And his to me:
But old folks, many feign 2 as they were dead;
Unwieldy, slow, heavy, and pale as lead. 3

Enter Nurse and PETER.
O God! she comes. - O honey nurse! what news ?
Hast thou met with him ? Send thy man away.
Nurse. Peter, stay at the gate.

[Exit PETER.
Jul. Now, good sweet nurse, - 0 lord! why look’st thou sad?
Though news be sad, yet tell them merrily;
If good, thou sham’st the music of sweet news
By playing it to me with so sour a face.

Nurse. I am aweary, give me leave a while. —
Fie, how my bones ache! What a jaunt 4 have I had! -

Jul. I would, thou hadst my bones, and I thy news:
Nay, come, I pray thee, speak; — good, good nurse, speak.

Nurse. Jesu, what haste! can you not stay a while ?
Do you not see, that I am out of breath ?

Jul. How art thou out of breath, when thou hast breath
To say to me — that thou art out of breath?
The excuse that thou dost make in this delay
Is longer than the tale thou dost excuse.
Is thy news good, or bad? answer to that;
Say either, and I 'll stay the circumstance. 5
Let me be satisfied, is 't good or bad ?

Nurse. Well, you have made a simple choice; you know not how to choose a man: Romeo! no, not he; though his face be better than any man's,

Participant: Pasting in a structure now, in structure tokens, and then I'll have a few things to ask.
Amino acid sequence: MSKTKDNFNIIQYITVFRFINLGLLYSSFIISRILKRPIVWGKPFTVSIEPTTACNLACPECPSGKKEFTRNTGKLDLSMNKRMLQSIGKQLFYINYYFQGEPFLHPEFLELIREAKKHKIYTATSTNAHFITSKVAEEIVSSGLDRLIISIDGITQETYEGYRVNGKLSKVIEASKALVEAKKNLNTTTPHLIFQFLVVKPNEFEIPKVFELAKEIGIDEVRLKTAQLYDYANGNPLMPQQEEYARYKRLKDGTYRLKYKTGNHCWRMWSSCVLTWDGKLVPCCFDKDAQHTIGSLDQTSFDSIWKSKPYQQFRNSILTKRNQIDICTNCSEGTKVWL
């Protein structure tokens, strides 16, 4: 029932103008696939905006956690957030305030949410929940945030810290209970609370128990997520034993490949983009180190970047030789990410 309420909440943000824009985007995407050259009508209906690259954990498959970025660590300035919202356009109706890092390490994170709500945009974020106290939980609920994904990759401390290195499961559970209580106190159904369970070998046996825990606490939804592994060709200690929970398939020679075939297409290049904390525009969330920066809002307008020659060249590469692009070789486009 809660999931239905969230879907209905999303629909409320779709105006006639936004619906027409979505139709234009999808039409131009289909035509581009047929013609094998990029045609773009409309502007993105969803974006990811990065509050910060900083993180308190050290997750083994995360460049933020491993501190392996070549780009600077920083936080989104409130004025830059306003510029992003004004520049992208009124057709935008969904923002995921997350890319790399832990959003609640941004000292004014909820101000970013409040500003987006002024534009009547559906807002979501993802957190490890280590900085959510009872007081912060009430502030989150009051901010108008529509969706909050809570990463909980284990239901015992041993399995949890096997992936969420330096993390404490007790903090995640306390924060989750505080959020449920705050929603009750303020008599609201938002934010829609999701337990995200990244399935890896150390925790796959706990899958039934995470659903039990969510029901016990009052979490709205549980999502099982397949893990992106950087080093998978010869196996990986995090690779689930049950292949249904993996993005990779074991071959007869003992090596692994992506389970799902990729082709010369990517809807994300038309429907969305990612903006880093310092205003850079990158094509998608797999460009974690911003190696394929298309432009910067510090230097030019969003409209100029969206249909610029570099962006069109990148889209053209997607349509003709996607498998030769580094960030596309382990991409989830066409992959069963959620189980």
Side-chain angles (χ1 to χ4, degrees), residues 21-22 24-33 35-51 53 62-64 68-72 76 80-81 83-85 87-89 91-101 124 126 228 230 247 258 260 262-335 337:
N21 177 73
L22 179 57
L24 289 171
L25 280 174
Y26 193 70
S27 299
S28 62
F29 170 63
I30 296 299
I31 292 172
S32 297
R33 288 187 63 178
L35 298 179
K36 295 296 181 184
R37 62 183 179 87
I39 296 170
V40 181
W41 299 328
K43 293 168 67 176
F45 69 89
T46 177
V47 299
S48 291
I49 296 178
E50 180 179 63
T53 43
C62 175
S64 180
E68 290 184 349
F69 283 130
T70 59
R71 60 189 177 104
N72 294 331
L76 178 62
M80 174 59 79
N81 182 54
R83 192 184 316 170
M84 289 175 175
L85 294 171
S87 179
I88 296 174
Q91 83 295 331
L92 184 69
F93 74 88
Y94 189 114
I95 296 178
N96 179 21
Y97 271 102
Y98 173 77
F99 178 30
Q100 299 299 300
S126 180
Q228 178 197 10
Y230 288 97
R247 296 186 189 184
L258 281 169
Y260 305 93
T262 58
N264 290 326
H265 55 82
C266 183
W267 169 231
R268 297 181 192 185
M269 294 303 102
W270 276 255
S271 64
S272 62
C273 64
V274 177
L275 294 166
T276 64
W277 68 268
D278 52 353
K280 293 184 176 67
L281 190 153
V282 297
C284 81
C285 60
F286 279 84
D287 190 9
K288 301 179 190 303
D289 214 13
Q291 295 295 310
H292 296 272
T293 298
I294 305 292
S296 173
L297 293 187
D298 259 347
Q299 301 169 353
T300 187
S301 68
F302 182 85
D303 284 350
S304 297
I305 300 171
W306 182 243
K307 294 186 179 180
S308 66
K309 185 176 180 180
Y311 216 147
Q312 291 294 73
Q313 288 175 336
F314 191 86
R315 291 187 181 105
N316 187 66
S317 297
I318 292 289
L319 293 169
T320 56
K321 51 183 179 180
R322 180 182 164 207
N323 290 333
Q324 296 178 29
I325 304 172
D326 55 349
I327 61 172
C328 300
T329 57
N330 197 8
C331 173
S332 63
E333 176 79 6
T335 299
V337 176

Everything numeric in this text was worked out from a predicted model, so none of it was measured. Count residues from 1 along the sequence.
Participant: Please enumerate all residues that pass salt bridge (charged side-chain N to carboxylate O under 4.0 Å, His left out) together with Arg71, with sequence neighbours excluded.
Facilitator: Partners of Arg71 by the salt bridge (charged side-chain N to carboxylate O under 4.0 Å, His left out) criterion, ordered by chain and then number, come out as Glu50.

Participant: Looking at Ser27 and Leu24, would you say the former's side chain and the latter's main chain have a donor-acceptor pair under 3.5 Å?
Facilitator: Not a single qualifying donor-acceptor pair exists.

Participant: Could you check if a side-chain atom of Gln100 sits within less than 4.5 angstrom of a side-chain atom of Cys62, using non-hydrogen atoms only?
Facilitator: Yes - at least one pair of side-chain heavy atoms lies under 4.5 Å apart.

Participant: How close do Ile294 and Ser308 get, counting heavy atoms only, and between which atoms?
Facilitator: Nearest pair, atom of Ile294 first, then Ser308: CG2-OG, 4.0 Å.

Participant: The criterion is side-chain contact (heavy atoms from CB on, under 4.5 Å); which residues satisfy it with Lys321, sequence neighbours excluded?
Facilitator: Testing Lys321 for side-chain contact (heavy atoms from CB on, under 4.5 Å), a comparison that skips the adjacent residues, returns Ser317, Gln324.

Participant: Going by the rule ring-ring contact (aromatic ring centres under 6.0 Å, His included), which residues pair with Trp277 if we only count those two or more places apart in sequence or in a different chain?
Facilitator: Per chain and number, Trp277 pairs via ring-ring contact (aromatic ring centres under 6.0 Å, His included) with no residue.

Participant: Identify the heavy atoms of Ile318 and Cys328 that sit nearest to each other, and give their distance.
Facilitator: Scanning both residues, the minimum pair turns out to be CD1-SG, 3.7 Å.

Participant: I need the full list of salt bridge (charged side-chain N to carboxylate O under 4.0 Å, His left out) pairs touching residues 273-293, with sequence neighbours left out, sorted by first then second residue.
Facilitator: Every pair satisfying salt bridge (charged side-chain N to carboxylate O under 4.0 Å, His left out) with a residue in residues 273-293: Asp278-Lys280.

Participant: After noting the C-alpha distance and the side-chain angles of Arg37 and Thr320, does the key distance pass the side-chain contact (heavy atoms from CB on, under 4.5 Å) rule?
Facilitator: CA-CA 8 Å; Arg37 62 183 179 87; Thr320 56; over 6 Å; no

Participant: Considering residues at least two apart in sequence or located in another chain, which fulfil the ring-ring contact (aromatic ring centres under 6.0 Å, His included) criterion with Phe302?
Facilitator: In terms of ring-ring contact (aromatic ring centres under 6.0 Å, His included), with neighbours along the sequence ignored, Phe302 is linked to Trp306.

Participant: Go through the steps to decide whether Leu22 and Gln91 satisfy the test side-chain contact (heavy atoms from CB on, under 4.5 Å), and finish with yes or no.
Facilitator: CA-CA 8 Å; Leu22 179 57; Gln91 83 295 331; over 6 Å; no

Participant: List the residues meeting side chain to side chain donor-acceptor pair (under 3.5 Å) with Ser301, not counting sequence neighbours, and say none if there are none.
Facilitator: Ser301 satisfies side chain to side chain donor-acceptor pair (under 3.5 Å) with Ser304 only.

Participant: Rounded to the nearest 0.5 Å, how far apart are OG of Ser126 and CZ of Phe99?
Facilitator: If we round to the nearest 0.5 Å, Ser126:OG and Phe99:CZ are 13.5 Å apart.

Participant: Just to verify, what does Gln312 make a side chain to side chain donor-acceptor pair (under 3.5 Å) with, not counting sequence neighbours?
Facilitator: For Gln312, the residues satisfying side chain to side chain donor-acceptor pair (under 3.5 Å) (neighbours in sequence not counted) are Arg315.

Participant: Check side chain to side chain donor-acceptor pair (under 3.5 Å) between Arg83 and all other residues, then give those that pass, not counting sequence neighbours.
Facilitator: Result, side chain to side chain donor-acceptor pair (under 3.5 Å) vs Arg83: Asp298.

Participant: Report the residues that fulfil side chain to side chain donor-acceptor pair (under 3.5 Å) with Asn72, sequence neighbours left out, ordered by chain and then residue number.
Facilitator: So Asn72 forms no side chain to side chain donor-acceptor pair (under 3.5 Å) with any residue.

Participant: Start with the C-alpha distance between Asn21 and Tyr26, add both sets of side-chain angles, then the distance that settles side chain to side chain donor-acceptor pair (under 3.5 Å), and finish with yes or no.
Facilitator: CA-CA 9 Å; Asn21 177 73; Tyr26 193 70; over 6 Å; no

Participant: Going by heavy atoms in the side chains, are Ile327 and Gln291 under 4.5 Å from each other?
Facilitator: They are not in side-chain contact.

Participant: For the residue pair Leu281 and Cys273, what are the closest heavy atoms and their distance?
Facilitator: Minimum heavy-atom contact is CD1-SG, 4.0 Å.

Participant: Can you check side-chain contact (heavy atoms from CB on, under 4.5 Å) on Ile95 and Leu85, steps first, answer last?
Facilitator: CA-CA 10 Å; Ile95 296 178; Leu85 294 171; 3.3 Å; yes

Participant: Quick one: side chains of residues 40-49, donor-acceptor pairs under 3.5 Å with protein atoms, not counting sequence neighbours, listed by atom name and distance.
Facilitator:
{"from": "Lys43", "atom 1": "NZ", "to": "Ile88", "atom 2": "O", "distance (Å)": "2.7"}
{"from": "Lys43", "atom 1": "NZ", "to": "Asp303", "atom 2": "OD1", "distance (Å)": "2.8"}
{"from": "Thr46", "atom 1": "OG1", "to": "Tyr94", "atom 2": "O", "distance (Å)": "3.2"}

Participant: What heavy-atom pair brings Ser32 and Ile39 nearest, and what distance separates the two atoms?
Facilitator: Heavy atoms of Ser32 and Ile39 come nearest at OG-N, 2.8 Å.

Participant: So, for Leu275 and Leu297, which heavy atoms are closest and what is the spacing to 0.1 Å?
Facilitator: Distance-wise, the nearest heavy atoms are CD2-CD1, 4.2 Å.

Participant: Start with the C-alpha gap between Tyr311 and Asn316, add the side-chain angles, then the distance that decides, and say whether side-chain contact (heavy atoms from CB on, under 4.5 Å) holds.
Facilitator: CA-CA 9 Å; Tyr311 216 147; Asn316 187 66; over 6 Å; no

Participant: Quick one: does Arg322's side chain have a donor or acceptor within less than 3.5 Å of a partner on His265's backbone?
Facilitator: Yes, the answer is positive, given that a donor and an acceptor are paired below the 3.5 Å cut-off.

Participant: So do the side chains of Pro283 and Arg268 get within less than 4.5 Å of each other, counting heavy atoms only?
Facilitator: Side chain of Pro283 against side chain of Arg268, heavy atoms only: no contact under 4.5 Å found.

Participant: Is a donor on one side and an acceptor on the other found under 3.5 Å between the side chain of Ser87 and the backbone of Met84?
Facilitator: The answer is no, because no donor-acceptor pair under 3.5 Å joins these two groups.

17 hours ist bei Sh. nach dem Bedürfniss des Verses ein- und zweisylbig. 2 d. h. many old folks feign etc., = viele alte Leute thun, als ob sie todt wären. 3) as lead gehört sowohl zu heavy, wie zu pale. ) jaunt hat Q. A., die spätern Qs. und die Fol. – Die frühern Qs. lesen jaunce, das

als Verbum auch K. Richard II. (A. 5, Sc. 5.) vorkommt: spur-galld and tir'd by

jauncing Bolingbroke. 5) die näheren Umstände, das Weitere, abwarten.

yet his leg excels all men's; and for a hand, and a foot, and a body, --though they be not to be talked on, yet they are past compare. He is not the flower of courtesy, - but, I 'll warrant him, as gentle as a lamb. - Go thy ways, wench; serve God. – What, have you dined at home?

Jul. No, no: but all this did I know before.